Right now, the St. Louis Cardinals' options in the Jordan Hicks conundrum include deemphasizing his role to include mostly lower-leverage opportunities, or cutting his role entirely through either demotion or expulsion.
Could the Dodgers step in and tempt St. Louis, just a few months after being the victor of the Cards' spoils when the team's braintrust lost patience with Alex Reyes and non-tendered him midway through another rehab?
Hicks is far from an obvious hit -- but that's why the Dodgers might be tempted to leap at the chance to acquire a right arm that can throw 104 MPH at its owner's lowest point. The 26-year-old right-hander is currently quite lost, but more importantly, hasn't sustained success since 2019. That's why the Cardinals could be (more easily) convinced to cut bait; Hicks' issues haven't just begun, but they've recently worsened to the point of being untenable.
Last season, Hicks struck out 63 men in 61.1 innings, but walked 35 and posted a 4.84 ERA (including eight games started). This year, his seven appearances have totaled just 5.2 innings. He's sporting a 12.71 ERA. He's walked eight and surrendered a pair of home runs in limited duty. He's not a closer or a set-up man, at this point.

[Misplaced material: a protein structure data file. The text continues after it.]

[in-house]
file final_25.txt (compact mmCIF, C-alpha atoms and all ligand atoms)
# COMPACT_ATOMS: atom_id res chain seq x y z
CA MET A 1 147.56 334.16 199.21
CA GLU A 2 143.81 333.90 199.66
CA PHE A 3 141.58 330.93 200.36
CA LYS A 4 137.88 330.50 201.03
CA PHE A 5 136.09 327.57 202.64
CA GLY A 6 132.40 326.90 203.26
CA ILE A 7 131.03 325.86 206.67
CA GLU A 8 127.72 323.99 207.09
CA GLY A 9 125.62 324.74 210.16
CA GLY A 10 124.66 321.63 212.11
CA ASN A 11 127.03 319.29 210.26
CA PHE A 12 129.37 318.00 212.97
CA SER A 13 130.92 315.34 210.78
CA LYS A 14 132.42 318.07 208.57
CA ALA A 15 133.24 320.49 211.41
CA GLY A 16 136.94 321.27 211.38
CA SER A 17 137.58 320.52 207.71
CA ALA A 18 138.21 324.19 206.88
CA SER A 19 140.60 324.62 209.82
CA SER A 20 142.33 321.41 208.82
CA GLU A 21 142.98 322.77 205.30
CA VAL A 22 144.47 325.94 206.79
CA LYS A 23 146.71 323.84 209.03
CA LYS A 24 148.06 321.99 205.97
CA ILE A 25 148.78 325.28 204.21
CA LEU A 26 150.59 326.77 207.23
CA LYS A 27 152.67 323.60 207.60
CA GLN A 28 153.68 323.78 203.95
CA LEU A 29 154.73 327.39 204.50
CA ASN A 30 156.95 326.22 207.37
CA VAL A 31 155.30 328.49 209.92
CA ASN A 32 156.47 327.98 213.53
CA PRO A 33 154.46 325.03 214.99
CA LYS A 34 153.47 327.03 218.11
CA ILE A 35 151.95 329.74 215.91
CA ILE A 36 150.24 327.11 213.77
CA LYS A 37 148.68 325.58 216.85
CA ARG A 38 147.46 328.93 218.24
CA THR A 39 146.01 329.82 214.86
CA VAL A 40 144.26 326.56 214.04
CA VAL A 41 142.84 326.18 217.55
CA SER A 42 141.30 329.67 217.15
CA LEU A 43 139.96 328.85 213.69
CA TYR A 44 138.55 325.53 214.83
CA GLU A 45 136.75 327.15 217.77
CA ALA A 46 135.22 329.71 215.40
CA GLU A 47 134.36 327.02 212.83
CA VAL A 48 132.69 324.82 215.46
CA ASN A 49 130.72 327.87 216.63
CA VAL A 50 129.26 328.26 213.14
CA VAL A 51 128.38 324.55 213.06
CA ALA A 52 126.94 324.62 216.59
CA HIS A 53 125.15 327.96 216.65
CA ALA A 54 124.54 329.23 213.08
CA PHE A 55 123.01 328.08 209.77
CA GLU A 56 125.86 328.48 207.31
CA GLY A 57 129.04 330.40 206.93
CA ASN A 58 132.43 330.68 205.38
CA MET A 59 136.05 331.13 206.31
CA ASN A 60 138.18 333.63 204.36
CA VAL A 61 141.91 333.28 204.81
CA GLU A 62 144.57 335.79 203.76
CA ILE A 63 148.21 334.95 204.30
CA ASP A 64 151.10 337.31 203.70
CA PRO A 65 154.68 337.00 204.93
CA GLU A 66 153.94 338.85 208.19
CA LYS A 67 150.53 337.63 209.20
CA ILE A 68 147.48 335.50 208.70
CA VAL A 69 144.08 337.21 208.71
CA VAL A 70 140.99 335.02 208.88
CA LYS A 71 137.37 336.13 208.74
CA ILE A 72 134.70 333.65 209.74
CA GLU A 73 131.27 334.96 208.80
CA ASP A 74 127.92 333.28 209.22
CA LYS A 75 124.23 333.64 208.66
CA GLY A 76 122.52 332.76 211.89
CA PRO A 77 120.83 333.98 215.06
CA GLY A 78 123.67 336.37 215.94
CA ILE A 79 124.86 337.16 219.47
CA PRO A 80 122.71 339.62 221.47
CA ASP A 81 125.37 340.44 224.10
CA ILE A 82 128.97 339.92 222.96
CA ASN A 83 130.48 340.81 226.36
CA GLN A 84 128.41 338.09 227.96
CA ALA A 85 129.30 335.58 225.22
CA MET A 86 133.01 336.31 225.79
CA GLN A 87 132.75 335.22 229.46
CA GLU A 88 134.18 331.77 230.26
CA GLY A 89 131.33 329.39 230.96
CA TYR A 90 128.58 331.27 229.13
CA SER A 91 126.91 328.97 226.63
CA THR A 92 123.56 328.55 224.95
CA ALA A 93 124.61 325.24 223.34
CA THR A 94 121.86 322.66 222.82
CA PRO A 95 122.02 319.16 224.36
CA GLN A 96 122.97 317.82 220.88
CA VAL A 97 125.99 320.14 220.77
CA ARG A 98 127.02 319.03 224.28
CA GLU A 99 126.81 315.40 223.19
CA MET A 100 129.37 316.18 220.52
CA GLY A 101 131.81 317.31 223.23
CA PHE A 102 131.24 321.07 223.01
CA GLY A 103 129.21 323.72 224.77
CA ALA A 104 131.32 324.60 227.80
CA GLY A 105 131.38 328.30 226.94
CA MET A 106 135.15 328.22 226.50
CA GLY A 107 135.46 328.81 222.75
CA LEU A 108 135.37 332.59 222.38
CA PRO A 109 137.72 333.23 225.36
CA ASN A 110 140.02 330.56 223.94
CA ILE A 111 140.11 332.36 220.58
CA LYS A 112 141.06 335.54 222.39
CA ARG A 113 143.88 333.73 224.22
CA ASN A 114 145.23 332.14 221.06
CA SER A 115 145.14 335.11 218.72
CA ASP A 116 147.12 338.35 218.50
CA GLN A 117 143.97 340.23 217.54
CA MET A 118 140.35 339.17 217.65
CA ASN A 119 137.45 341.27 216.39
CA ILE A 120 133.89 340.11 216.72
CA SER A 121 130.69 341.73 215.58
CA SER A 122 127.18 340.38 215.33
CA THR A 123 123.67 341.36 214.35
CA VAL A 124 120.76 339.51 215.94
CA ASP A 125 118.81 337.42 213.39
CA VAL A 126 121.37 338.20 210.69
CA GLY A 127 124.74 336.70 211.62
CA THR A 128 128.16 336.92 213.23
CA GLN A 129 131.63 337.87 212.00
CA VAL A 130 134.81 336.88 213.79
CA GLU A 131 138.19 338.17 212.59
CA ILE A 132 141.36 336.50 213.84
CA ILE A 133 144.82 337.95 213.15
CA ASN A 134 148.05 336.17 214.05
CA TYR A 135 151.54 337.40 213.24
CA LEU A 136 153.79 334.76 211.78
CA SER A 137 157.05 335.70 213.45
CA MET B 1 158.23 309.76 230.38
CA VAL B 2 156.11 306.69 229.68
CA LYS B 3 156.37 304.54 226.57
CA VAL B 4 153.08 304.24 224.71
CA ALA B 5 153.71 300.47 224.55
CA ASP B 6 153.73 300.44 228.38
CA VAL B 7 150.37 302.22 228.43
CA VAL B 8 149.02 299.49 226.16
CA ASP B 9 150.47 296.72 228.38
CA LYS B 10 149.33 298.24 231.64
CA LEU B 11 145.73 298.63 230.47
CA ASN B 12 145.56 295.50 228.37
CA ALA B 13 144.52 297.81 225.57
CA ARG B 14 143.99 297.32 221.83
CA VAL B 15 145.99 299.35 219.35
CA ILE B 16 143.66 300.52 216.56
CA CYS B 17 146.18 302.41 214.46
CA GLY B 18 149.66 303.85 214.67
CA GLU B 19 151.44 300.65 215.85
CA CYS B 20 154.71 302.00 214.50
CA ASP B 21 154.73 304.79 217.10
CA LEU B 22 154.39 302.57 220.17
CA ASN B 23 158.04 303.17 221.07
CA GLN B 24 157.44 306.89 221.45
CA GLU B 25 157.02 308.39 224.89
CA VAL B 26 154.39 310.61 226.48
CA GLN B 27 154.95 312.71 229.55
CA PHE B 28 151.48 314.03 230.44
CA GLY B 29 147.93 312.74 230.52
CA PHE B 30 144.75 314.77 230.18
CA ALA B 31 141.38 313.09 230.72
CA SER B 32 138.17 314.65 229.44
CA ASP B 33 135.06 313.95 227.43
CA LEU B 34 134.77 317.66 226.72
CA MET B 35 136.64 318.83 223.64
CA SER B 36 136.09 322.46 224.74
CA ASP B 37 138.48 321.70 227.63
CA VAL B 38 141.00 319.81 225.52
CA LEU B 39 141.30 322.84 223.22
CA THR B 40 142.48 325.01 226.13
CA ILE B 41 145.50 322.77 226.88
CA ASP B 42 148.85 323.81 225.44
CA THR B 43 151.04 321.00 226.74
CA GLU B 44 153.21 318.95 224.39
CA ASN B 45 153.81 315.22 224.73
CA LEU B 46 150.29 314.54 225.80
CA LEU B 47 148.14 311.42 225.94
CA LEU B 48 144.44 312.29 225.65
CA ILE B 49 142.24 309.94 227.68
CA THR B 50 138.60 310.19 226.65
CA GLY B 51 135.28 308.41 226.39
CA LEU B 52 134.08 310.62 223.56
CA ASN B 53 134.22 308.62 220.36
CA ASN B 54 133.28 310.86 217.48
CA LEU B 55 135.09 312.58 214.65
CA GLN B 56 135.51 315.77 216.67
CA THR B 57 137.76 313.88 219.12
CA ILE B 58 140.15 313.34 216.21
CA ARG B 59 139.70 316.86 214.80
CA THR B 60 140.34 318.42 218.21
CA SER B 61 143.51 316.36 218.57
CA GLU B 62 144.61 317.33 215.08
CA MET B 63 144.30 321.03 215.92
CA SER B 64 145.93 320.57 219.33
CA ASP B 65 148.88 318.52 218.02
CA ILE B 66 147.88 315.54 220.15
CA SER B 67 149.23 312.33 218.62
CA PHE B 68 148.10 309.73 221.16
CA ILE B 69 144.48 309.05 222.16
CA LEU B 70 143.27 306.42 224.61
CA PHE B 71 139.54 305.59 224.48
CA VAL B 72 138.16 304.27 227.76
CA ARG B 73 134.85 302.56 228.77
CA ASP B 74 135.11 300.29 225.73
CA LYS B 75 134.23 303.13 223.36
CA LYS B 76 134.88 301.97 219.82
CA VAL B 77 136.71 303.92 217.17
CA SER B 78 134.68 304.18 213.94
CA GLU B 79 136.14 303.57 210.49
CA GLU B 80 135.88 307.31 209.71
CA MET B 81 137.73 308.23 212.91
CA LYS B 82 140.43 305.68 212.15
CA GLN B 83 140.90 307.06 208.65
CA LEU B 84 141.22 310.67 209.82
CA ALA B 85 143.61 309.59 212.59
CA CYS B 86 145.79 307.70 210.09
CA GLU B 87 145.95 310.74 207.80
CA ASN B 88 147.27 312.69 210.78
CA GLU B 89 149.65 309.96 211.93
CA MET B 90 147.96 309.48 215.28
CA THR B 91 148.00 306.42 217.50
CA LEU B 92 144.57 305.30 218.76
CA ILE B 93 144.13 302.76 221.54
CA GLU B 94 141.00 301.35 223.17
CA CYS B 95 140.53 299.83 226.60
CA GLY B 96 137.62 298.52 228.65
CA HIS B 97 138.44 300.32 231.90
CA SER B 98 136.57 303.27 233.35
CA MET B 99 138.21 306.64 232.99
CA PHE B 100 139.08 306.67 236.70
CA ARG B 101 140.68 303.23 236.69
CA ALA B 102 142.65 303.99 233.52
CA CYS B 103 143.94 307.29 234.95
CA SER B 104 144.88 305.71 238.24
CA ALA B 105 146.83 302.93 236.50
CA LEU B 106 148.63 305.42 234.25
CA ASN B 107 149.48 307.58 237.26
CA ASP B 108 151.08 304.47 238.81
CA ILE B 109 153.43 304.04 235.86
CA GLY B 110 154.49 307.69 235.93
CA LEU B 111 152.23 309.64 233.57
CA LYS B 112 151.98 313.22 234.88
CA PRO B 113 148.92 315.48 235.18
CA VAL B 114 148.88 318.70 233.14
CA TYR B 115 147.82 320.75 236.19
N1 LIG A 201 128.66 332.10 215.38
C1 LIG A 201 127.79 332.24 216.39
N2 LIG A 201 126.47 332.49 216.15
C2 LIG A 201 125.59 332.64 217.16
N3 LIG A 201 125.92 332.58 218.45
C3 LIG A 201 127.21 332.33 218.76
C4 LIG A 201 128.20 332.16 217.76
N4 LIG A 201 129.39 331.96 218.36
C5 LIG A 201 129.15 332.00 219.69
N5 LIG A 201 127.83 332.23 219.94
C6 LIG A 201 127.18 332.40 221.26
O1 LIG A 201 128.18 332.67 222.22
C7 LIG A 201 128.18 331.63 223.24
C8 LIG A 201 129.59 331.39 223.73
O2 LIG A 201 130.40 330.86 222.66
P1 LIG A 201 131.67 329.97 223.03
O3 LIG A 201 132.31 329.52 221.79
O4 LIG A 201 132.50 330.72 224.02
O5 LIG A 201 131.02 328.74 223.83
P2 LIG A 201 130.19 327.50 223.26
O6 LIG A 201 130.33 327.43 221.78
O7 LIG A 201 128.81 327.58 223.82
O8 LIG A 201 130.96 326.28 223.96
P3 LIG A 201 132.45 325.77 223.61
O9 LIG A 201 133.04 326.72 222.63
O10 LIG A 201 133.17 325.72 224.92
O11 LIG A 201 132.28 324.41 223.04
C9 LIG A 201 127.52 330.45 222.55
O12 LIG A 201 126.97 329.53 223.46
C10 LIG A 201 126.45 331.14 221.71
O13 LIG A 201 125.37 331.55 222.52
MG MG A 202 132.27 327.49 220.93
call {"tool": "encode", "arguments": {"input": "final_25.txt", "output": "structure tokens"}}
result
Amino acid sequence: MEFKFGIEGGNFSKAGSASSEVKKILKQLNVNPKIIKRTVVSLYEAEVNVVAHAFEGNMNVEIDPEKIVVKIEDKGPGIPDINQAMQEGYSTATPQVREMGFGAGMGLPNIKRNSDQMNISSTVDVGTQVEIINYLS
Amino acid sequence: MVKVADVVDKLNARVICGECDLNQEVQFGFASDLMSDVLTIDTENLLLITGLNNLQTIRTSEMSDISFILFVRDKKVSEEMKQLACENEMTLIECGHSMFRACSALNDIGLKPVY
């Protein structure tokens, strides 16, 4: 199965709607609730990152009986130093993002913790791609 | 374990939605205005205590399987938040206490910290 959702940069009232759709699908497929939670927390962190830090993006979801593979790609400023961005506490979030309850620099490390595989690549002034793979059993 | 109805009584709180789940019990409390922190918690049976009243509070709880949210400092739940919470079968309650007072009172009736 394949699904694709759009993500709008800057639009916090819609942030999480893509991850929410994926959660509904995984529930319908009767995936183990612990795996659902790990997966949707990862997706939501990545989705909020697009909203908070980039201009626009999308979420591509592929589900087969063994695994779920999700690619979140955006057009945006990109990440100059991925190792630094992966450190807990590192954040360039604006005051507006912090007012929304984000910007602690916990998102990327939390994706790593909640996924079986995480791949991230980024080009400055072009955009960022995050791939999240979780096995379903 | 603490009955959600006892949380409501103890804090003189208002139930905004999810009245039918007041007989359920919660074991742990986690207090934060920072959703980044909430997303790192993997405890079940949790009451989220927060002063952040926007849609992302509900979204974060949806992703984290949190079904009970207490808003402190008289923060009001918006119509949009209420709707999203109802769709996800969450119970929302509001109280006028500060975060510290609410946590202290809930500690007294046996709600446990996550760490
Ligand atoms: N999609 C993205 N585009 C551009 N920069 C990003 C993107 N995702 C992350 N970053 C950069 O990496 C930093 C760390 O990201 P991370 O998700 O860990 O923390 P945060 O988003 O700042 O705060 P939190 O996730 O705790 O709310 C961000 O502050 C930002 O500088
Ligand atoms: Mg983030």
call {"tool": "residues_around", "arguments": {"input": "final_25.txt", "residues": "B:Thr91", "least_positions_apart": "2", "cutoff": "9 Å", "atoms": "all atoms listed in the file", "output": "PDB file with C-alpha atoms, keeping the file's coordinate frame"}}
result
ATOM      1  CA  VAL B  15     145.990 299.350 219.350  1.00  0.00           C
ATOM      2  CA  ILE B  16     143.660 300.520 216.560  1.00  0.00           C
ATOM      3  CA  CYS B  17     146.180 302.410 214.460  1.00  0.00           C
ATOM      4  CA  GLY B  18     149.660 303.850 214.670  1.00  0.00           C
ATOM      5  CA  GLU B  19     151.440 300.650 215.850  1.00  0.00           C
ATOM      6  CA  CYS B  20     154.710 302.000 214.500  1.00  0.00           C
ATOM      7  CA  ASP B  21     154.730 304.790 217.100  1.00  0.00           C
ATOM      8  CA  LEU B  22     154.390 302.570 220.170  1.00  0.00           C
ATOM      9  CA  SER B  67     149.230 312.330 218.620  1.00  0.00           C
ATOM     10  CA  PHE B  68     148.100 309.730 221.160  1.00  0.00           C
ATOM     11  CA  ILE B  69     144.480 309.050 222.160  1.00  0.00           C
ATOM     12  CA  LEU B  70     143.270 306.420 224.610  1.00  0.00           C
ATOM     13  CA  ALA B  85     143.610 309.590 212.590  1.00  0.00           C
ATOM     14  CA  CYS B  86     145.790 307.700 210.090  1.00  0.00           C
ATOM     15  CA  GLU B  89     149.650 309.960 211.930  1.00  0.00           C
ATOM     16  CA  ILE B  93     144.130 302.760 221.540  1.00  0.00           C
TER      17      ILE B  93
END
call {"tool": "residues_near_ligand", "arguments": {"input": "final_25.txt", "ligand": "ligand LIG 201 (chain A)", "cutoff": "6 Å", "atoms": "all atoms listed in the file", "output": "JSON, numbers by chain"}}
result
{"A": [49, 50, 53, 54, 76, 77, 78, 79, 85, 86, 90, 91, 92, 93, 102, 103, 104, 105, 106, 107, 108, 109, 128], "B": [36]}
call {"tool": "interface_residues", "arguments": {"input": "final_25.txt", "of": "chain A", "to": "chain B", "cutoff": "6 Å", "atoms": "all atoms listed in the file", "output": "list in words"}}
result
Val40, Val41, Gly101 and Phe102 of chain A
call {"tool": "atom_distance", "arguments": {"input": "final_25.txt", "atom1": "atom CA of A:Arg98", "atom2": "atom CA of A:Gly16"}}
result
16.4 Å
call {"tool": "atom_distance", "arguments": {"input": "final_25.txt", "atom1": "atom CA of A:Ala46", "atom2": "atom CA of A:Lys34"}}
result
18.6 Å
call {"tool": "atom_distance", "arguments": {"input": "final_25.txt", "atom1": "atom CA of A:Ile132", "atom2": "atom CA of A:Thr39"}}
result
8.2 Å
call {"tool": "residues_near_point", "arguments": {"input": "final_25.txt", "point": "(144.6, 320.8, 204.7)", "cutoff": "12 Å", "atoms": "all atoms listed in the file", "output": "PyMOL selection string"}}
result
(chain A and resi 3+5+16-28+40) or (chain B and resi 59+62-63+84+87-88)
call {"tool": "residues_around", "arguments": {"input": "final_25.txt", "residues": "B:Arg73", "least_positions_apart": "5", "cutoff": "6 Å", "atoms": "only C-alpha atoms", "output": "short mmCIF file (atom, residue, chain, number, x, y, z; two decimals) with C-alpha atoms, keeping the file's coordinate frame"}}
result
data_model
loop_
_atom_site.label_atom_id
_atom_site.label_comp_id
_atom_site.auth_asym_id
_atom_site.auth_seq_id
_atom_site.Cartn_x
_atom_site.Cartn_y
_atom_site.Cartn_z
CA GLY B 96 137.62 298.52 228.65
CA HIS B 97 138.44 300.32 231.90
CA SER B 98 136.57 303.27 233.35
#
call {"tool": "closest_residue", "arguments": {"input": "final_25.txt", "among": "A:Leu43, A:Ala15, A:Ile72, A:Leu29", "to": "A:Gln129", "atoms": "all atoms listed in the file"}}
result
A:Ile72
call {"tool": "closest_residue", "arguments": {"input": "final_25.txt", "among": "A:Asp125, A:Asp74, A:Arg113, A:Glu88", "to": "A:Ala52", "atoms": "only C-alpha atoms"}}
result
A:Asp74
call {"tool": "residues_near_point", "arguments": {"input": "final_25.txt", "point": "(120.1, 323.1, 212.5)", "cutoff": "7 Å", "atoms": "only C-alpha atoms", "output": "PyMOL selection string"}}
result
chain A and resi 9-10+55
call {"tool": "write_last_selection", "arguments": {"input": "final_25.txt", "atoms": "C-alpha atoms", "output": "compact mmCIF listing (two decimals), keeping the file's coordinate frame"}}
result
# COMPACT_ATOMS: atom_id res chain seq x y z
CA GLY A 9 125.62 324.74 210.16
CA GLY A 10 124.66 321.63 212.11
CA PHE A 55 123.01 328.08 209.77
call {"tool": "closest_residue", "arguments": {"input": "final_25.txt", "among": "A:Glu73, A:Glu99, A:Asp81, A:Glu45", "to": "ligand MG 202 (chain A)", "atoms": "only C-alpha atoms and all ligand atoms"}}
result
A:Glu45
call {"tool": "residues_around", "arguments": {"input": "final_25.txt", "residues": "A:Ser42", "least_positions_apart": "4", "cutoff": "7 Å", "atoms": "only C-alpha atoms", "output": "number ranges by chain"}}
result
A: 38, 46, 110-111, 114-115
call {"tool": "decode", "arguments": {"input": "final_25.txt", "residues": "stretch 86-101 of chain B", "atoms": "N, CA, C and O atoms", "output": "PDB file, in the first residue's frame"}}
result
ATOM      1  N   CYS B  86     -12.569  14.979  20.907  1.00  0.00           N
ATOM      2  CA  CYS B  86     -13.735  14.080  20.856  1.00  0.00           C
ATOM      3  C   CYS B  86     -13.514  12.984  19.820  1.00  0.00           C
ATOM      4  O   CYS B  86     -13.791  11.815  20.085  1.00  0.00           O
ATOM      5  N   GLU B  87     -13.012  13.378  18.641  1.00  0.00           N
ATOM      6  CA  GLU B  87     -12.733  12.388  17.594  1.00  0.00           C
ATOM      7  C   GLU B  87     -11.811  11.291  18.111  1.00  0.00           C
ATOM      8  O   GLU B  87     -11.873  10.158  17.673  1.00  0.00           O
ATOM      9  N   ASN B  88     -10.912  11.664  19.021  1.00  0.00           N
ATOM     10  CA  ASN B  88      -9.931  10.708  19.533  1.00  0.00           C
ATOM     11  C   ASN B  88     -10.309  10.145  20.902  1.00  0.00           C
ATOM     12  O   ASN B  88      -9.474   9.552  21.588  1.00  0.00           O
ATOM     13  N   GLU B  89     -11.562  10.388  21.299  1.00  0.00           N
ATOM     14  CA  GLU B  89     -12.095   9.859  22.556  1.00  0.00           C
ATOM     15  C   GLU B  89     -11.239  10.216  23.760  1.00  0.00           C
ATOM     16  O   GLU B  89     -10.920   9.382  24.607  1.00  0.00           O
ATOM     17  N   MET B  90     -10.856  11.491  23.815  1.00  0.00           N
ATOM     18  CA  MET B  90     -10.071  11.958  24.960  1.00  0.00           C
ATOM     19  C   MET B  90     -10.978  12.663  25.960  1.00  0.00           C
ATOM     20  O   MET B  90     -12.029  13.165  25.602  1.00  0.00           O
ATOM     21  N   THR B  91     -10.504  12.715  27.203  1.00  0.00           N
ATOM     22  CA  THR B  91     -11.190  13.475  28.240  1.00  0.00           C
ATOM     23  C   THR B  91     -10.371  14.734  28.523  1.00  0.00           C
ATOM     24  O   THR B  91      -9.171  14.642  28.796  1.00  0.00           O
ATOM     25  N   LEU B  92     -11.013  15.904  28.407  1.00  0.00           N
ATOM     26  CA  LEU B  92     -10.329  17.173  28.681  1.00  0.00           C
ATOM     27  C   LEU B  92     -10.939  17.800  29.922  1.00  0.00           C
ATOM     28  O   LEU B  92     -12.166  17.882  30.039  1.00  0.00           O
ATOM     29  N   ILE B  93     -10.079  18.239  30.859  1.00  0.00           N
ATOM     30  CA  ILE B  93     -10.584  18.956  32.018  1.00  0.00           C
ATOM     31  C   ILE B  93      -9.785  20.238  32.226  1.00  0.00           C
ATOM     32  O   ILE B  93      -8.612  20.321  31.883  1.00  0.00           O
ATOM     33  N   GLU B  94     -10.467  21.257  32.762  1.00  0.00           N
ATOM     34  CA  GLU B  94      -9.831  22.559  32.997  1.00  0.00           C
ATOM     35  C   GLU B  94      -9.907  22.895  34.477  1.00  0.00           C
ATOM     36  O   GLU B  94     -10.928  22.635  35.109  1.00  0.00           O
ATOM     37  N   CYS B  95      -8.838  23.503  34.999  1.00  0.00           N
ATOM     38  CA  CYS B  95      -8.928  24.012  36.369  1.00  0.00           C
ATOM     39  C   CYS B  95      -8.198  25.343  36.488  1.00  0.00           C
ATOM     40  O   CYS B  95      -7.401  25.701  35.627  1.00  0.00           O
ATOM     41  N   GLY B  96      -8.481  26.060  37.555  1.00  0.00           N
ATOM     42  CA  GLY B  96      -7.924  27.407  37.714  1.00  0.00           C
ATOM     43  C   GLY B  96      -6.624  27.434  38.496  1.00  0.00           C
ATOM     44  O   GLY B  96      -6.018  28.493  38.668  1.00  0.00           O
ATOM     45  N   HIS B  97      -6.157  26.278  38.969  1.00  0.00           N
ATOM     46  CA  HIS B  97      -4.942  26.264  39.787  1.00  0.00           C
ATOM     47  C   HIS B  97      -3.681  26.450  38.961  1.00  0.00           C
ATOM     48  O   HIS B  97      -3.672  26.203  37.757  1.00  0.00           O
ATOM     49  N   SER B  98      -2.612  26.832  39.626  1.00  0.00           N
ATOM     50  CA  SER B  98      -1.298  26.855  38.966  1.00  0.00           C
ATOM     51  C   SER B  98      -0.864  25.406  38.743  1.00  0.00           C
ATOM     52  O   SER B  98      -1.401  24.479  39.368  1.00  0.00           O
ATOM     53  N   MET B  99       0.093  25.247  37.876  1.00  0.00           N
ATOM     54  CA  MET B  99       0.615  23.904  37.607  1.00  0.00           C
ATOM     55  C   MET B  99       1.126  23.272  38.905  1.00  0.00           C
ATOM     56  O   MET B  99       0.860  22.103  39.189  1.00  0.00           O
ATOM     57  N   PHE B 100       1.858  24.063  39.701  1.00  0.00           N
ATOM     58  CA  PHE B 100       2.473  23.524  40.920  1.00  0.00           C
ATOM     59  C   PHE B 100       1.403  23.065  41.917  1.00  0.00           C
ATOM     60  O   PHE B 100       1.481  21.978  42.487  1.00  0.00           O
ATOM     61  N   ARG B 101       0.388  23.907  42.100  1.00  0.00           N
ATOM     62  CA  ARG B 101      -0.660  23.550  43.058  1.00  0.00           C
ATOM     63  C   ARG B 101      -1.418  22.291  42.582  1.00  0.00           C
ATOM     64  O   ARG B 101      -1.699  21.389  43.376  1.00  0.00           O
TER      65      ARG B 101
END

He is, however, still the possessor of all-world talent. Does he deserve a bullpen role over Andre Jackson, at the moment, given his upside?
Dodgers Rumors: Can Mark Prior save Cardinals' Jordan Hicks?
As Joshua Jacobs of Redbird Rants mentions above, the best time to trade Hicks was before the season started, when the Mets were basking in the sudden shock of Edwin Diaz's World Baseball Classic injury.
The second-best time, as far as the Dodgers are concerned, is right now.
Not every swing this large will connect; just ask Adam Dunn. But when they do have the desired impact, the risk could be the differentiator between an extended playoff run and an abrupt ending. If the Dodgers were willing to wait out Reyes' rehab because of the tantalizing possibilities on the other side, they might see an opportunity to turn one team's problem into their secretive solution yet again.
It shouldn't cost more than a top-20 prospect and a bit of dignity, if things don't turn out the way LA planned at the end of the learning curve.